Using Key Management Services (KMS) for Vista Activation


I have been working recently on a large Vista deployment project for an Enterprise customer. An integral component of the project required the installation and configuration of Key Management Services (KMS) to activate all newly deployed Vista computers.

Typically, an Enterprise customer will choose KMS as the preferred method of activation as the number of Multiple Activation Keys (MAK) supplied as part of their Microsoft Enterprise Agreement will be substantially less than the total amount for which they are licensed – KMS is the only way to license the entire estate. Apart from this, KMS offers other additional benefits such as –

  • KMS activates operating systems on the local network, eliminating the need for individual computers to connect to Microsoft
  • KMS ensures you are within your allowed number of licenses
  • Virtual machines don’t count towards the KMS n-count

However, bear in mind that KMS requires a minimum number of physical computers in a network environment, called the activation threshold, to activate KMS client machines. The activation threshold for Windows Vista is 25 physical computers and 5 physical computers for Windows Server 2008.

KMS is a lightweight service which does not require a dedicated server and which can easily be co-hosted with other services. The KMS ‘host’ can be on physical or virtual system running Windows Server 2008, Windows Vista, or Windows Server 2003 but a KMS host running on Windows Vista can only activate Windows Vista KMS clients. KMS services are built into Windows Server 2008 but are also available as a separate download for Windows 2003.

http://www.microsoft.com/downloads/details.aspx?FamilyId=81D1CB89-13BD-4250-B624-2F8C57A1AE7B&displaylang=en

Configuring KMS requires the installation of a KMS key on the host and subsequent activation with activating with Microsoft either by telephone or online. A KMS key can activate the Windows editions within its specific product group as well as editions in ‘lower’ product key groups (i.e., KMS keys have a hierarchical association with product key groups) – see illustration below. My customer’s EA licensed them for all products. For example, activating the KMS host with a Server Group B KMS key can activate Windows Server 2008 Standard, Enterprise and Web editions, and Windows Vista editions as KMS clients.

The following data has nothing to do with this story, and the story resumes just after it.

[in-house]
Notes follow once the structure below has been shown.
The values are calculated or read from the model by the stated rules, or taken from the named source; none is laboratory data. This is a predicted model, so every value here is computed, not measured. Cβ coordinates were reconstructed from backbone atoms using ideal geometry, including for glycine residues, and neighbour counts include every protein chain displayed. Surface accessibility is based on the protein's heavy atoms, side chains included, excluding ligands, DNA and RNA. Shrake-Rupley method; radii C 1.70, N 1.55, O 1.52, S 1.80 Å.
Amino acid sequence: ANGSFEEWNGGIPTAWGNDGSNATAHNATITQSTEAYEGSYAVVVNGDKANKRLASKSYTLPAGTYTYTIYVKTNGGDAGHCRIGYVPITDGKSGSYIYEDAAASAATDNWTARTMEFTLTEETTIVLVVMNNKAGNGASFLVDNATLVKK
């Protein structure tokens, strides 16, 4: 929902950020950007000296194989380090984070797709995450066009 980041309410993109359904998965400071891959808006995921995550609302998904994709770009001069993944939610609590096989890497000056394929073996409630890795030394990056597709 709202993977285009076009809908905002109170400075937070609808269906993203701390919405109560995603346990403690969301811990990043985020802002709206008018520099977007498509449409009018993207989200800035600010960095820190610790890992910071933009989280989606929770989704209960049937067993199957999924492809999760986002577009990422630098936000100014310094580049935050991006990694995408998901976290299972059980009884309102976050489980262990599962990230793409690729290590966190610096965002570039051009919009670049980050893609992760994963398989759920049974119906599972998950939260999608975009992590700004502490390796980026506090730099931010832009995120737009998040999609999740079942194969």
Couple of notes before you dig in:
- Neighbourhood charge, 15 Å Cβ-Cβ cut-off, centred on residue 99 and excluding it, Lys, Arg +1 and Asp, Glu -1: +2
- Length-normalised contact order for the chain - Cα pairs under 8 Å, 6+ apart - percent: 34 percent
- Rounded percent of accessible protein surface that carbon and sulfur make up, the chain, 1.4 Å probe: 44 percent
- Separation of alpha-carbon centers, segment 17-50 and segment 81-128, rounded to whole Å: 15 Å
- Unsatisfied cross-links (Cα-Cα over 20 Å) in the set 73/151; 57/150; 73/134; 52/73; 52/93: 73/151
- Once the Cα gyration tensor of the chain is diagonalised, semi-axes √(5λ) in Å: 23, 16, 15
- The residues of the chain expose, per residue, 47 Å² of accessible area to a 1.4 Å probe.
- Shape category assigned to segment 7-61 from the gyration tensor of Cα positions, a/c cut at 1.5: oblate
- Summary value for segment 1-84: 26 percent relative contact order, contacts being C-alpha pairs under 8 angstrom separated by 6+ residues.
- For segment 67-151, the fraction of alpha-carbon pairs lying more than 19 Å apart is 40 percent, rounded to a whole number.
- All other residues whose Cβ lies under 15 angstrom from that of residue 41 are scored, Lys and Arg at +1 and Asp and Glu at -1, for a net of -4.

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Initially, I installed and configured the KMS host with the Server Group B KMS key as my customer has no requirement to utilise Datacenter versions of Windows Server 2008 - activation of Server Group B, Server Group A and Vista VL was sufficient. However, although the KMS host was successfully activated using the Server Group B KMS key all subsequent attempts by Vista clients to activate with the KMS host failed with the following error -

Error code = 0xC004F014

This error is indicative of issues caused by a missing or incorrect pid.txt file which is included in the sources folder on the Vista installation media. Extensive testing confirmed that this was not the case and that all deployed clients had been imaged correctly using the correct pid.txt file.

image

In my case, resolution of the issue involved the following steps -

  1. Uninstall the Server Group B KMS key and replace with the Server Group C KMS key = slmgr -ipk <product key> (this will replace the existing key).
  2. Reactivate the KMS host = slmgr -ato (ensure that host has Internet access)

Once the KMS was reactivated with the Server Group C KMS key - effectively the highest level key available in the customer's Enterprise Agreement - Vista clients began to register with and activate against the KMS host. Problem solved.

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